Research Shows Altered Retweets Could Fool Stock Traders’ Algorithms | Coordinated scientific laboratory

The social media realm can be an unpredictable place. Dark and anonymous characters can have considerable influence, especially if they have gradually gained followers and have apparent credibility. Their messages can influence the decisions of various groups, including stock traders.

Dakuo Wang

Social media posts and tweets help influence stock traders’ decisions to buy or sell parts of their portfolios. An example played online and on Wall Street last year. Stock prices soared for GameStop Corp. and AMC Entertainment Holdings Inc., two companies that have not performed well in recent years. Members of the WallStreetBets subreddit pushed the pressure in an attempt to disrupt the status quo on Wall Street and put power in the hands of ordinary people. Business Insider reported that rising stock prices cost hedge fund short sellers more than $1 billion in a single day. Short selling is about making money when the value of an asset drops.

Traders use algorithms that comb posts by keyword to find mentions of stocks and companies and gauge whether stock prices are rising or falling with the economic tide. But not all algorithms are infallible. In fact, there could be an inadvertently embedded weakness in this system which, if exploited, could cost traders dearly.

Yong-Xie
Yong-Xie

Dakuo Wang, the head of human-centric AI research at IBM Research, said an adversarial attack via a retweet can expose this flaw in traders’ deep learning algorithms. He explained that using a mathematical calculation, the team can identify which tweet about a particular stock or company is most important when it comes to stock forecasting.

“With this unique tweet, our method will also calculate which word is more important, then we will try to replace this word with a semantically similar word. We want our fake tweet to fool the deep learning model so that the model will predict the opposite result,” Wang said.

For their experience, researchers used a dataset consisting of 10,824 instances, including relevant tweets and numerical characteristics of 88 stocks from 2014 to 2016. Traders used the buy-hold-sell strategy where stocks are bought if they are expected to rise, hold them for one day and then sell the shares the next day. For the attack, in the tweets for example listed in their searches, words such as “filled,‘ and ‘alert’ have been replaced in retweets with negative terms ‘exercised,and “unstable.” Keeping the rest of the text the same, the retweets not only slightly altered the model’s perception of the information, but were also subtle enough to go unnoticed by the human eye.

“Our results show that if marketers truly take social media posting as an input to their deployment models, we can hypothetically attack their model and make a significant loss to their portfolio,” said Yong-XieUIUC PhD student in mathematics.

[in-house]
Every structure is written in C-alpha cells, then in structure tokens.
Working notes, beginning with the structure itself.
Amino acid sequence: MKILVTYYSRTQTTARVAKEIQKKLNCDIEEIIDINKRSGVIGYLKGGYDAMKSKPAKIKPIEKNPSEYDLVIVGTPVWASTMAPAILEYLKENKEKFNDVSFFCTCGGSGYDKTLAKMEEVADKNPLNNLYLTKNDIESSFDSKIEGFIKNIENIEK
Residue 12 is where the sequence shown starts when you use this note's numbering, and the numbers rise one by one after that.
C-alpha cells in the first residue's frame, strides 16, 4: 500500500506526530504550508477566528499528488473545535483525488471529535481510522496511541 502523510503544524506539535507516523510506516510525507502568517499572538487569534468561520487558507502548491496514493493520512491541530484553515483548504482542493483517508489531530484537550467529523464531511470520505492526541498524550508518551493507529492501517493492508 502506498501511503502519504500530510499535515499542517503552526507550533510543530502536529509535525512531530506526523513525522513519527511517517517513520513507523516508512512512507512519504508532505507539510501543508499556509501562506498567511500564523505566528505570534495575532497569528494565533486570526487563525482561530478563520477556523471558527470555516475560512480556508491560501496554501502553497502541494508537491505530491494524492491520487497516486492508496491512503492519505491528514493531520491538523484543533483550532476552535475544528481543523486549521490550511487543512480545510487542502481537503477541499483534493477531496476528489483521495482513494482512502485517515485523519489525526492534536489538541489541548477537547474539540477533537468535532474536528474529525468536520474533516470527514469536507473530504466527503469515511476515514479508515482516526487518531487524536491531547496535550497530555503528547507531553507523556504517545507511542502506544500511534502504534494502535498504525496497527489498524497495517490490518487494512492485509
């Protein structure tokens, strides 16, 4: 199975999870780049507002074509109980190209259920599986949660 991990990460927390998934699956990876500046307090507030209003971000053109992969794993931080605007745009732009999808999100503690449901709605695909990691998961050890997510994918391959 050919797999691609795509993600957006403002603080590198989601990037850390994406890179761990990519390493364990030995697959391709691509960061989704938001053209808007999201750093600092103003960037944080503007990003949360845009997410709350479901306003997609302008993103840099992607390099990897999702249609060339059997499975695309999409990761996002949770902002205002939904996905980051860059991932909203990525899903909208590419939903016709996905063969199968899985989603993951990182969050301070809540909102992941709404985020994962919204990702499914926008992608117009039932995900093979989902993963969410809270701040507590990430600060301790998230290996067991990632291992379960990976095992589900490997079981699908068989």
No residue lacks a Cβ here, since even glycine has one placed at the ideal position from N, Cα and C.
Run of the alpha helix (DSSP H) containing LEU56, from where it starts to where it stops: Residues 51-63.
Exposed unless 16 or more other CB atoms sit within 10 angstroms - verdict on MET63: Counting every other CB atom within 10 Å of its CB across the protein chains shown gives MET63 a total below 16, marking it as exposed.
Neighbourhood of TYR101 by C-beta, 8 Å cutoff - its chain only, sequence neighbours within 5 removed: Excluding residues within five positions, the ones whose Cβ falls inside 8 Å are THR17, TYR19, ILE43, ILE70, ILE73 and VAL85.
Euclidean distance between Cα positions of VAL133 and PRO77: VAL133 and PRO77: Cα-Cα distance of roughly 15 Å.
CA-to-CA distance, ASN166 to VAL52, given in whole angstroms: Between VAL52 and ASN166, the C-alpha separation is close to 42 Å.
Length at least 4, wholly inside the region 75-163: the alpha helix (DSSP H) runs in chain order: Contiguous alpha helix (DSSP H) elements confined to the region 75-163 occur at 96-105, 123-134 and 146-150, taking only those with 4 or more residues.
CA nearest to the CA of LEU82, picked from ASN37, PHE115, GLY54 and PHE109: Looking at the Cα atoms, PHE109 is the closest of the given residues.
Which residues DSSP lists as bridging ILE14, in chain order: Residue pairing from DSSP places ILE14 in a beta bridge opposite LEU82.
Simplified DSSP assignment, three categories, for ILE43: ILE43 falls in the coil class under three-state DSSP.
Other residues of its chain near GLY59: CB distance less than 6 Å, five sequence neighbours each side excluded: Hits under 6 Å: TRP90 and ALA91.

Whatever ? If an investor started with $10,000, they would lose $3,200 after two years using the long-term buy-hold-sell strategy in a simulated investment.

As revealing as this research is, the researchers wanted to clarify one aspect of it.

“We are attacking [traders’] predictions, we’re attacking their profitability, but it’s not about manipulating the stock price,” Wang said, “and the goal is to expose that risk to the ML and Finance community so people can create more robust algorithms to defend against such attacks”.

The researchers also explained that while this loophole exists and is concerning, it is very unlikely that a random person will cause serious damage to Wall Street.

“Attackers cannot see the results of their attack,” Xie said. “It would be like someone trying to disrupt the market, but not wanting to achieve anything for themselves.”

Instead, the real danger would come from an investment firm trying to attack a competitor by exploiting the vulnerability in the algorithm.

“They can, for example, disable their own model for ten to thirty minutes and then launch attacks in the retweets. Suddenly, all their competitors’ models will be influenced and they can benefit from it,” Wang said.

The team is looking to do more research, but said it was fortuitous that they worked together in the first place. None of the four authors normally works together. Both Wang and Xie attribute IBM-Illinois Discovery Accelerator Institute for cooperation.

“I hope we will have more and more of this kind of work with other students between IBM and UIUC. We want to help the world become a better place, right? But you can’t not do it without a team,” Wang said.

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